Tuesday, February 2, 2016

Antarctic Reflections

A frozen pond on Mount Discovery
Well, the Antarctic adventure is over - and what an adventure it was! I've had some time to settle in, and reflect on my experiences. It's crazy to think that two months ago I was at the bottom of the world hiking the wild beauty of Antarctica. It feels like my time there came and went like a whirlwind. Yet, in that short period of time I learned so much. Being in that environment allowed me to witness so many talented professionals work, especially our fearless leader Drew who's research we helped conduct. After working on this project, I feel confident that I have grown in my abilities to conduct scientific research. But beyond that, I feel confident that I have grown as a person. Between surviving 3 day snowstorms in nothing but a tent and hauling boxes of rocks on and off the flying death traps that are helicopters... I realized that with a little hard work and some awesome companions, I can survive anything.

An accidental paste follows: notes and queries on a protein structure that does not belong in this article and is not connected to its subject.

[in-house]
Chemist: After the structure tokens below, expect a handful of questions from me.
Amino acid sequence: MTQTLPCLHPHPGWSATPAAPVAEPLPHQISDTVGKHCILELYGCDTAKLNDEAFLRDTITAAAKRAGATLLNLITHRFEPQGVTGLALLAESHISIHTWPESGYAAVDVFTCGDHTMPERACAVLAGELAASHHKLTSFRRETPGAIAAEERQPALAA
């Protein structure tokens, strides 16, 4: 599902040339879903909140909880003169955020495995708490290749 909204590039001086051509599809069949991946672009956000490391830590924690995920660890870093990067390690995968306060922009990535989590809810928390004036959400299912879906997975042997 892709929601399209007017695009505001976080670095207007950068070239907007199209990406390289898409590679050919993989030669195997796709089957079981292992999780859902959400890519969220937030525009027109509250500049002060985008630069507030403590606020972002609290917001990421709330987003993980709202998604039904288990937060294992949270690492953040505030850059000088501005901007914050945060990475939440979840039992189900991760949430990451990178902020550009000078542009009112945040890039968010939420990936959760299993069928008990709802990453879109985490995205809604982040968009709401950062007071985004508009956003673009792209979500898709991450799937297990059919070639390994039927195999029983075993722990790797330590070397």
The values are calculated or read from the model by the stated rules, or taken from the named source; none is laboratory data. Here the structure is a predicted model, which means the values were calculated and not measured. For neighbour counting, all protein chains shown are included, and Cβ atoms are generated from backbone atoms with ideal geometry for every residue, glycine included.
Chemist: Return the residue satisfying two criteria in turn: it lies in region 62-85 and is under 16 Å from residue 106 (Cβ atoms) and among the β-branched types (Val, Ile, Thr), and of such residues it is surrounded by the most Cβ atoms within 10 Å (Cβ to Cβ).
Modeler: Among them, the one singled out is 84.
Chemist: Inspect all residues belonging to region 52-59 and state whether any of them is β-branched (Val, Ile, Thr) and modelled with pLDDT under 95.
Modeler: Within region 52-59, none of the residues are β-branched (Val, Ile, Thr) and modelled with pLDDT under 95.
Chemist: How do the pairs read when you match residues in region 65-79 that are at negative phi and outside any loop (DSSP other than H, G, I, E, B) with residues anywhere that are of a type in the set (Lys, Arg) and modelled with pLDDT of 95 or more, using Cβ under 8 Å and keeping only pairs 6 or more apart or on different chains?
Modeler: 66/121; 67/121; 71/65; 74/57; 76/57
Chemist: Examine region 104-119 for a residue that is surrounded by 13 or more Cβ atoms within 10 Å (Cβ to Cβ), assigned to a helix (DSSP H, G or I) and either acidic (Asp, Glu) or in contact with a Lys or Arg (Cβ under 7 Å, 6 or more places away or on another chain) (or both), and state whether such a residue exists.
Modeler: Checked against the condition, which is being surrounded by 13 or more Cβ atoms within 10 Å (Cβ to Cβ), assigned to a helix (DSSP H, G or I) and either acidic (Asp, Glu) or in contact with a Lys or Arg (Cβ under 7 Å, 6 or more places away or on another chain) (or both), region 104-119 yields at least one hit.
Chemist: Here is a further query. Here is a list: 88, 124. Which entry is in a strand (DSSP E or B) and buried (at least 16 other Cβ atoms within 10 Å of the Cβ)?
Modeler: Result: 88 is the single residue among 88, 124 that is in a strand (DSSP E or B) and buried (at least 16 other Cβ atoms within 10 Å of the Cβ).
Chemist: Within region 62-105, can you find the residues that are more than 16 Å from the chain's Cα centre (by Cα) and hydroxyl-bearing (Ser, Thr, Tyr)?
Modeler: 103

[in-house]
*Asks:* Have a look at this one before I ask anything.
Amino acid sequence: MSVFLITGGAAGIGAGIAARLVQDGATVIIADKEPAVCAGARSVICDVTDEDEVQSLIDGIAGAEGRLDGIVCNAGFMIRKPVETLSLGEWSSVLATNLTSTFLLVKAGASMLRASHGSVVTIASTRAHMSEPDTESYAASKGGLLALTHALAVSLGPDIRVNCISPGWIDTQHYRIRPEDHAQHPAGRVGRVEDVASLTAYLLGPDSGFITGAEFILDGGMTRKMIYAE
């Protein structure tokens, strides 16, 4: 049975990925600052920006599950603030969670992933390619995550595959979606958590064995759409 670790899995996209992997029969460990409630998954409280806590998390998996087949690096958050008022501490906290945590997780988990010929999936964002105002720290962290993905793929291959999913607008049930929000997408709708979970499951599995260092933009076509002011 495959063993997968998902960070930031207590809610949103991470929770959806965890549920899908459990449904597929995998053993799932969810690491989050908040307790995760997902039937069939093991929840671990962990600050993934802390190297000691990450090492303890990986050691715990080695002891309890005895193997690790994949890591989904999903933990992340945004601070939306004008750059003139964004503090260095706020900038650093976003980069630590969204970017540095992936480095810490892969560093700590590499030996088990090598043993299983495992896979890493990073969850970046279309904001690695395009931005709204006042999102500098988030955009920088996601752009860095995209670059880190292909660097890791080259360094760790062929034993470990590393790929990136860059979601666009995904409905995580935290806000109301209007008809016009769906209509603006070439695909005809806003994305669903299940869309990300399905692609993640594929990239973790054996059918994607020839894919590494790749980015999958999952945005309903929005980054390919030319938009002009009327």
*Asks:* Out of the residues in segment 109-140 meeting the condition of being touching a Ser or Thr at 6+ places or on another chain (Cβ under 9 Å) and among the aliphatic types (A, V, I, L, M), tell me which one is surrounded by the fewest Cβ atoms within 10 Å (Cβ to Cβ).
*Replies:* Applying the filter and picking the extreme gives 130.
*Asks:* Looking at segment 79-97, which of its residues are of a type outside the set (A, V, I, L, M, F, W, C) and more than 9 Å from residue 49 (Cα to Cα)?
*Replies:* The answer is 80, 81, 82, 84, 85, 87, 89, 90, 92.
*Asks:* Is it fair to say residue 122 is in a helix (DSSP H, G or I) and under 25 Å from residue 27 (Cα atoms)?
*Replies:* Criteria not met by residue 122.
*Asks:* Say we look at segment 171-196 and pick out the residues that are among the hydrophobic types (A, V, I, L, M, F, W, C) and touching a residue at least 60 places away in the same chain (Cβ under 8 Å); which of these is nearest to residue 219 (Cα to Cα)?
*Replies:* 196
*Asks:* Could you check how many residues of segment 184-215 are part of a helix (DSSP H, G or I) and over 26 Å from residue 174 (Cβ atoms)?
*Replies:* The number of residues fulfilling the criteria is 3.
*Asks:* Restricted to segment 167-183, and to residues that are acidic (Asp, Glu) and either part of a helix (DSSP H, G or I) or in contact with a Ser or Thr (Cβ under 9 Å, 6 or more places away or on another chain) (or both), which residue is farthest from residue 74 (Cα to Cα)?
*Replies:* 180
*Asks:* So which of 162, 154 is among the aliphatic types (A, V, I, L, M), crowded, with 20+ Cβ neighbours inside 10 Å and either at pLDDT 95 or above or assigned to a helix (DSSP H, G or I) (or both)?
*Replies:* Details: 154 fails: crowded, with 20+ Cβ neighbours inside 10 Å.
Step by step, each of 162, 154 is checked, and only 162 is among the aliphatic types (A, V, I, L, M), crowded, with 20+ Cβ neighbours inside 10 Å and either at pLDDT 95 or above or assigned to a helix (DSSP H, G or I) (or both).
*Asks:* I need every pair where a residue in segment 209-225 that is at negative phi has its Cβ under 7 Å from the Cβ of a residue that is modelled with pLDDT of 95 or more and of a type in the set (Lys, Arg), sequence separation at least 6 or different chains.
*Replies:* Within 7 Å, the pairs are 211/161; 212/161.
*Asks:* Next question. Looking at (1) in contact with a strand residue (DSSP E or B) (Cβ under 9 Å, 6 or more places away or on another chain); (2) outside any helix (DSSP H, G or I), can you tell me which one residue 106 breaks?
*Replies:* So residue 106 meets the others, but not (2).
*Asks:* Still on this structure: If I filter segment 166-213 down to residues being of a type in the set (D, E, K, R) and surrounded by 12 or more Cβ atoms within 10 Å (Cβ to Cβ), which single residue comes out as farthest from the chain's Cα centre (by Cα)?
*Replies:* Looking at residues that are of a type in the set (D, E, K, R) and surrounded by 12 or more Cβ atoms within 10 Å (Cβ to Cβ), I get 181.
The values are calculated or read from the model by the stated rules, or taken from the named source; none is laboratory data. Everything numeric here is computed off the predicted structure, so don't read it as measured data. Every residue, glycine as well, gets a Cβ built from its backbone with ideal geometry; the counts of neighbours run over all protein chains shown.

Natalie, my fantastic partner in crime, and me pondering the wonders of Mt. Discovery.
The pressure ridges. 
My favorite view, the royal society range. 
I'm so thankful to have had this amazing opportunity! It truly was a life changing experience. But, as always, time will pass and now it's back to classes, homework, and the mundane life of an average college student in Boston. This semester seems exceedingly dull in comparison to the craziness of my time in the Antarctic, but at the same time, it's kinda nice to be home. Since returning, many people have asked me, "Would you go back?" I thought about it, and the answer is definitely yes! I've seemed to develop a world travel bug from this trip, but Antarctica will always have a special place in my mind now. It's the last wild continent, untouched by human greed. We are able to learn so much by studying it, and the research there is incredibly important, especially now. Living in that Antarctic world of scientific study and adventure may have sparked a whole new career path for me. It's a study I would love to be a part of, and maybe one day I will.
Me saying goodbye to the Black Island field site 
A poised seal model wishing us farewell. 
Natalie saying goodbye to Antarctica at the "Antarctic Airport", Willy Field. 
But for now, my journey is over. It's time for me to step back and focus on my more immediate studies. Next year there will be a whole new cohort of students traveling down to the bottom of the world, excited for their adventure to begin. Then it will be their turn to discover Antarctica's majesty, and perhaps it will change them too.

-Emelia Chamberlain

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